[show abstract][hide abstract] ABSTRACT: The aim of this study was to simultaneously monitoring cytomegalovirus and human herpesvirus 6 active infections using nested-polymerase chain reaction and, together with clinical findings, follow the clinical status of patients undergoing liver transplant.
The human β-herpesviruses, including cytomegalovirus and human herpesvirus 6, are ubiquitous among human populations. Active infections of human herpesvirus 6 and cytomegalovirus are common after liver transplantation, possibly induced and facilitated by allograft rejection and immunosuppressive therapy. Both viruses affect the success of the transplant procedure.
Thirty patients submitted to liver transplant at the Liver Transplant Unit, at the Gastro Center, State University of Campinas, SP, Brazil, were studied prospectively from six months to one year, nested-polymerase chain reaction for cytomegalovirus and human herpesvirus 6 DNA detections. Two or more consecutive positive nested-polymerase chain reaction were considered indicative of active infection.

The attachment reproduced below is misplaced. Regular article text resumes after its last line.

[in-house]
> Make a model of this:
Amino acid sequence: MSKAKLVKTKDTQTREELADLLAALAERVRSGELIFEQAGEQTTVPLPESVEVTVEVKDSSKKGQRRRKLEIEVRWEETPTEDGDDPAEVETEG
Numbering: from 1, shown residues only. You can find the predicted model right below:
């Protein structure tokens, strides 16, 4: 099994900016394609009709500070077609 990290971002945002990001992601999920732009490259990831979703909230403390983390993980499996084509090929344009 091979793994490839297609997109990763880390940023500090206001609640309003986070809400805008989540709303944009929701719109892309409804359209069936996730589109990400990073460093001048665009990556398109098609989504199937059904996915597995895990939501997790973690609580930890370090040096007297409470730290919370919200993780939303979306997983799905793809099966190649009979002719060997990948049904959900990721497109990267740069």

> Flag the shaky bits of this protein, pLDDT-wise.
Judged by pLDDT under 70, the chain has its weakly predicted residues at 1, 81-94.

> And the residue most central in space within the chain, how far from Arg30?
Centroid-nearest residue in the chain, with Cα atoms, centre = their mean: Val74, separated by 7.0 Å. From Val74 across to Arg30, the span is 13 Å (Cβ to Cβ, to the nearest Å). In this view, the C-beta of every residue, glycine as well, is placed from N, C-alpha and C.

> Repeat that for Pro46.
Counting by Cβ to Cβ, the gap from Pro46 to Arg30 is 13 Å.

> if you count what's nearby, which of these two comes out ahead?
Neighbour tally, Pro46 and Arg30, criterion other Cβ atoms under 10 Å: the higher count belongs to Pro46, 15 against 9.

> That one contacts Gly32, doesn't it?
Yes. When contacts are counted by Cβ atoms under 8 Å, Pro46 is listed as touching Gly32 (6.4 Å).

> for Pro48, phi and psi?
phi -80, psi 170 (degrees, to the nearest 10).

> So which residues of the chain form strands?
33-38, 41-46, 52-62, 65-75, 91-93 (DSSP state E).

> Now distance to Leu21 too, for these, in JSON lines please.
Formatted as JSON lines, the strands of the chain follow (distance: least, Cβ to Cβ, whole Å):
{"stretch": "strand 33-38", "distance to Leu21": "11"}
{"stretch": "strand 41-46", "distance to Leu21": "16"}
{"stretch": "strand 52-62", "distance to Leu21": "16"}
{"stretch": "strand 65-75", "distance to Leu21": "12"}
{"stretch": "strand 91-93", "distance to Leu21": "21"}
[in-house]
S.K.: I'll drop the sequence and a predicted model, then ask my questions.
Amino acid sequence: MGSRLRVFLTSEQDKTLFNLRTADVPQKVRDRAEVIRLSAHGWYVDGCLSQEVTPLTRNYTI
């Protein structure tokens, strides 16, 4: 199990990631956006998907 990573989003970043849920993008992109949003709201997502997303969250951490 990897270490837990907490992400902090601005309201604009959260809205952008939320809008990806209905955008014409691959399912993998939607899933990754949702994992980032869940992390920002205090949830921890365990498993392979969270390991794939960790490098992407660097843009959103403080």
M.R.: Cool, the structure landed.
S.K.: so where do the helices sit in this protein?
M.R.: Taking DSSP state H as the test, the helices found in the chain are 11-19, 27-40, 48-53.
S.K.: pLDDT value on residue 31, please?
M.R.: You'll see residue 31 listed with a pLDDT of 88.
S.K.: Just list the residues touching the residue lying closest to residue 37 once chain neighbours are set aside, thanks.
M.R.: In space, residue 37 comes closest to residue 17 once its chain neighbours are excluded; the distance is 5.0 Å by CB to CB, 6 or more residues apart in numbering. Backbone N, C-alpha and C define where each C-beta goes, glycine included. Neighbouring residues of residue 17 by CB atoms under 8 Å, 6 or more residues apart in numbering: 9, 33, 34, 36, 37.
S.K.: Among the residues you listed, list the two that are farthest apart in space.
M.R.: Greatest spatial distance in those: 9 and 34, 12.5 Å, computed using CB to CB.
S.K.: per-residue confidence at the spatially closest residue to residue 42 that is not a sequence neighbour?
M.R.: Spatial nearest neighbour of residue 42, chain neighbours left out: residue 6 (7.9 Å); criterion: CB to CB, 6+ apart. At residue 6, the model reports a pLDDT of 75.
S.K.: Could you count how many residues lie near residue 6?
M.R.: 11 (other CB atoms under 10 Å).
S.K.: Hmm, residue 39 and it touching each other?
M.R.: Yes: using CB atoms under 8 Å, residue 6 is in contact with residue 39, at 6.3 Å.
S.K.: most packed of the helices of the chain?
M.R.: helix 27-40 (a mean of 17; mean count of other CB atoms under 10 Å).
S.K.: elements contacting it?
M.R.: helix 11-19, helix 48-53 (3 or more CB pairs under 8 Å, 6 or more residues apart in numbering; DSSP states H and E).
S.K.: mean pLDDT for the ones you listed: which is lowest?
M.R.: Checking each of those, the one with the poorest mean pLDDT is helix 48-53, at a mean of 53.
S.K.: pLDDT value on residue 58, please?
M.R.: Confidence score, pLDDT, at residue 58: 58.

Active infection by cytomegalovirus was detected in 13/30 (43.3%) patients, median time to first cytomegalovirus detection was 29 days after transplantation (range: 0-99 days). Active infection by human herpesvirus 6 was detected in 12/30 (40%) patients, median time to first human herpesvirus 6 detection was 23.5 days after transplantation (range: 0-273 days). The time-related appearance of each virus was not statistically different (p = 0.49). Rejection of the transplanted liver was observed in 16.7% (5/30) of the patients. The present analysis showed that human herpesvirus 6 and/or cytomegalovirus active infections were frequent in liver transplant recipients at our center.
Few patients remain free of betaherpesviruses after liver transplantation. Most patients presenting active infection with more than one virus were infected sequentially and not concurrently. Nested-polymerase chain reaction can be considered of limited value for clinically monitoring cytomegalovirus and human herpesvirus 6.
Clinics (São Paulo, Brazil) 01/2011; 66(6):949-53. · 1.59 Impact Factor